In response to the editorials, Joel Gillin from the Latin Correspondent argued that the two newspapers misrepresented the violence surrounding the February protests. Gillin pointed out that “the very Human Rights Watch report cited [to claim that the Venezuelan government was responsible for the violence] … said that publicly available information indicated that 14 of those killed were members of security forces, government officials or government supporters,” illustrating that not only opposition members were subject to violence.

Gillin also suggested that the two papers have engaged in “selective outrage” over which UN Security Council bids to criticize. While the two papers could have also condemned Colombia’s 2010 bid due to thousands of extrajudicial executions and extensive government spying operations, they remained silent.

On October 9, Senator Marco Rubio (R-FL) alongside five other senators sent a bipartisan letter to Secretary of State John Kerry asking him to urge the international community to deny Venezuela a seat on the Security Council. The senators argued that Venezuela has a history of aligning itself with countries that aim to destabilize peace in the world, including Syria and Russia, and that the Venezuelan government destabilizes peace at home by “silenc[ing] peaceful protests across the country.”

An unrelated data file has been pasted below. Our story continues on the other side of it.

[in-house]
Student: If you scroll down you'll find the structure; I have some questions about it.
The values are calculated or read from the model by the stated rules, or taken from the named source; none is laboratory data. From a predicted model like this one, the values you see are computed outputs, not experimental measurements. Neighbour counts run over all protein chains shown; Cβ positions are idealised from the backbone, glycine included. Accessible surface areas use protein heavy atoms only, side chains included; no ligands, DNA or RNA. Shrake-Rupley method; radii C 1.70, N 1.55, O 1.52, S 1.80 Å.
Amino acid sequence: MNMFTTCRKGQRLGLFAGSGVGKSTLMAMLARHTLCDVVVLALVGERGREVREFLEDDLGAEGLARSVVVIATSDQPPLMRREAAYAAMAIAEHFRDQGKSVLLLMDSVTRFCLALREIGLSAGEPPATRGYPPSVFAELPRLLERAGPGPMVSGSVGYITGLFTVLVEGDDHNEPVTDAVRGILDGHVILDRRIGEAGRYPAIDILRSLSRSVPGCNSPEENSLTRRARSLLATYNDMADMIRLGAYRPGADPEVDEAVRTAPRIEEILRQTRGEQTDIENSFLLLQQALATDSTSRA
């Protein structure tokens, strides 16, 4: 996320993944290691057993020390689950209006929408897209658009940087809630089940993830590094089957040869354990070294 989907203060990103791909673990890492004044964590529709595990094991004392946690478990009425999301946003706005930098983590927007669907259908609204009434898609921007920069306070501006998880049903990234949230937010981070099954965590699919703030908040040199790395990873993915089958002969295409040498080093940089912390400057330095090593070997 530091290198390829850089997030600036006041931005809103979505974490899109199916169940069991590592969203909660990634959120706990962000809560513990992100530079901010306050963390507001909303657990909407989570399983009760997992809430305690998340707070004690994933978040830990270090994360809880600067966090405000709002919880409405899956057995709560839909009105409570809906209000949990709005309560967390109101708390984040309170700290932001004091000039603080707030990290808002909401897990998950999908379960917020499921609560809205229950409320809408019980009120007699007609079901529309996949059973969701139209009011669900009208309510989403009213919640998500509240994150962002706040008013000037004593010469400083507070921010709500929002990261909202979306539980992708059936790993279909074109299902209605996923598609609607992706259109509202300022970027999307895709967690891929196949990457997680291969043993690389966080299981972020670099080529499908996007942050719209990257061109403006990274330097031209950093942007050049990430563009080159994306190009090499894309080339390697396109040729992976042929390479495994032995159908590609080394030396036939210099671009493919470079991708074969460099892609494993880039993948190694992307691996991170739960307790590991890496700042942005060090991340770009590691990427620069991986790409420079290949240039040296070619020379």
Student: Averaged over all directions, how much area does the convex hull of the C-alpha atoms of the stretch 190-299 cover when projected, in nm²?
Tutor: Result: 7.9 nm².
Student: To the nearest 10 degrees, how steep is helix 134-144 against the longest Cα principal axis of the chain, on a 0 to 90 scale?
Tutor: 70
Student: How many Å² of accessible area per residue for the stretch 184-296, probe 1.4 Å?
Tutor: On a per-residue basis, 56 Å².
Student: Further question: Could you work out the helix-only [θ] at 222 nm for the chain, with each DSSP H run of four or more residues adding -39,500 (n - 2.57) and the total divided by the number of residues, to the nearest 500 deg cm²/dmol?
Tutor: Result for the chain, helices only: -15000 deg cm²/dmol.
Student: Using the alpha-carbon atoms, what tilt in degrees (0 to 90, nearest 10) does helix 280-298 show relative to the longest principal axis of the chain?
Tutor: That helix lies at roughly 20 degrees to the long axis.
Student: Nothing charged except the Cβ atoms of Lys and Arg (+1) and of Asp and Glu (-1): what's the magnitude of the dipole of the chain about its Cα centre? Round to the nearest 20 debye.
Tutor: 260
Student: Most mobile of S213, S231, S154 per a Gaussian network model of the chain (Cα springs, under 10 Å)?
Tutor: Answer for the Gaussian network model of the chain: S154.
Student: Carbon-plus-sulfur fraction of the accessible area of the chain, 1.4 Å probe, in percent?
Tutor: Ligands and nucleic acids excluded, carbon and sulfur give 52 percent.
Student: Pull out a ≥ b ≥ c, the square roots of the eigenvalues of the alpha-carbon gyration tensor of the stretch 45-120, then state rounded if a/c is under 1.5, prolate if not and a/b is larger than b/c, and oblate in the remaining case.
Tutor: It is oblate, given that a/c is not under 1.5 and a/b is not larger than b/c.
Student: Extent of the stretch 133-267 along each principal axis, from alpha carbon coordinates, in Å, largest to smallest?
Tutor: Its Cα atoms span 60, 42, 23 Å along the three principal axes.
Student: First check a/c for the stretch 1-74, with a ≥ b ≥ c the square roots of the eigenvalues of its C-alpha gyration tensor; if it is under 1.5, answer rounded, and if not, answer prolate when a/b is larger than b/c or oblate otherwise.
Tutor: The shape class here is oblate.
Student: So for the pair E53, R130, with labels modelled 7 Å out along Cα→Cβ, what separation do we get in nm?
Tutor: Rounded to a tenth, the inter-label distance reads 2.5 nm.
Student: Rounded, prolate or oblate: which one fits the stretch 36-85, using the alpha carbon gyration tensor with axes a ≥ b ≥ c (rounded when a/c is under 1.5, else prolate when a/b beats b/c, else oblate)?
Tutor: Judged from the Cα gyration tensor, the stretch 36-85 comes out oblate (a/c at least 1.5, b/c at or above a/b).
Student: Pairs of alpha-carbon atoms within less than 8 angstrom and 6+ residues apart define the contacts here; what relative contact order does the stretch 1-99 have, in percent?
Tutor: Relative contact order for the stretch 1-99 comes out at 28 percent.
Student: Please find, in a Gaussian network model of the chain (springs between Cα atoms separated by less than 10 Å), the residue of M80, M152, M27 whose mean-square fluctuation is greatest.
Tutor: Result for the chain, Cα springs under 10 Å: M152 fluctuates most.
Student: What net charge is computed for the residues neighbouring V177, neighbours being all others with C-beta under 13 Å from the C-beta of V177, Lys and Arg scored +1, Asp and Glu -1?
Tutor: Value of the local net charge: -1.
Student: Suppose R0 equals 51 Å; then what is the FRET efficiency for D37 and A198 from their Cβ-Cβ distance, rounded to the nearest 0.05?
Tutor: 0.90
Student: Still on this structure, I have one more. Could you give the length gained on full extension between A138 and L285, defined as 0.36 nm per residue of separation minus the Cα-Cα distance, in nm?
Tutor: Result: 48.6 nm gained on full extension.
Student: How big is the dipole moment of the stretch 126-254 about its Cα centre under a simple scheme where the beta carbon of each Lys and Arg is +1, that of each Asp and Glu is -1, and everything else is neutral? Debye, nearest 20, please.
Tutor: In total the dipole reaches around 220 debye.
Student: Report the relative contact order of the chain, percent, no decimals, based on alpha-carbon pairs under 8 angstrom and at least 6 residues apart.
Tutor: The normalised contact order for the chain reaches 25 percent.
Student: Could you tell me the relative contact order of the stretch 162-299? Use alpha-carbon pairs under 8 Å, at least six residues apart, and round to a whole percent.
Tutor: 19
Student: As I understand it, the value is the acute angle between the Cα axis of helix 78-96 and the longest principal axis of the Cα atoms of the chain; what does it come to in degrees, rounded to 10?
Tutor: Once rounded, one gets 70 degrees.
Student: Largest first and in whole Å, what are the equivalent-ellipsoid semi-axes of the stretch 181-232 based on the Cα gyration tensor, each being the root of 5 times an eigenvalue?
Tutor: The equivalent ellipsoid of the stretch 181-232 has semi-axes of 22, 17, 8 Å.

Following Venezuela’s election, Senator Rubio stated that “it is disgraceful that the Obama Administration failed to lift a finger in making the case why Venezuela’s membership on the U.N. Security Council is undeserved … [This] further diminishes the legitimacy of this body, and ultimately sends a demoralizing message to the Venezuelan people who have suffered under the Chavez-Maduro regime.”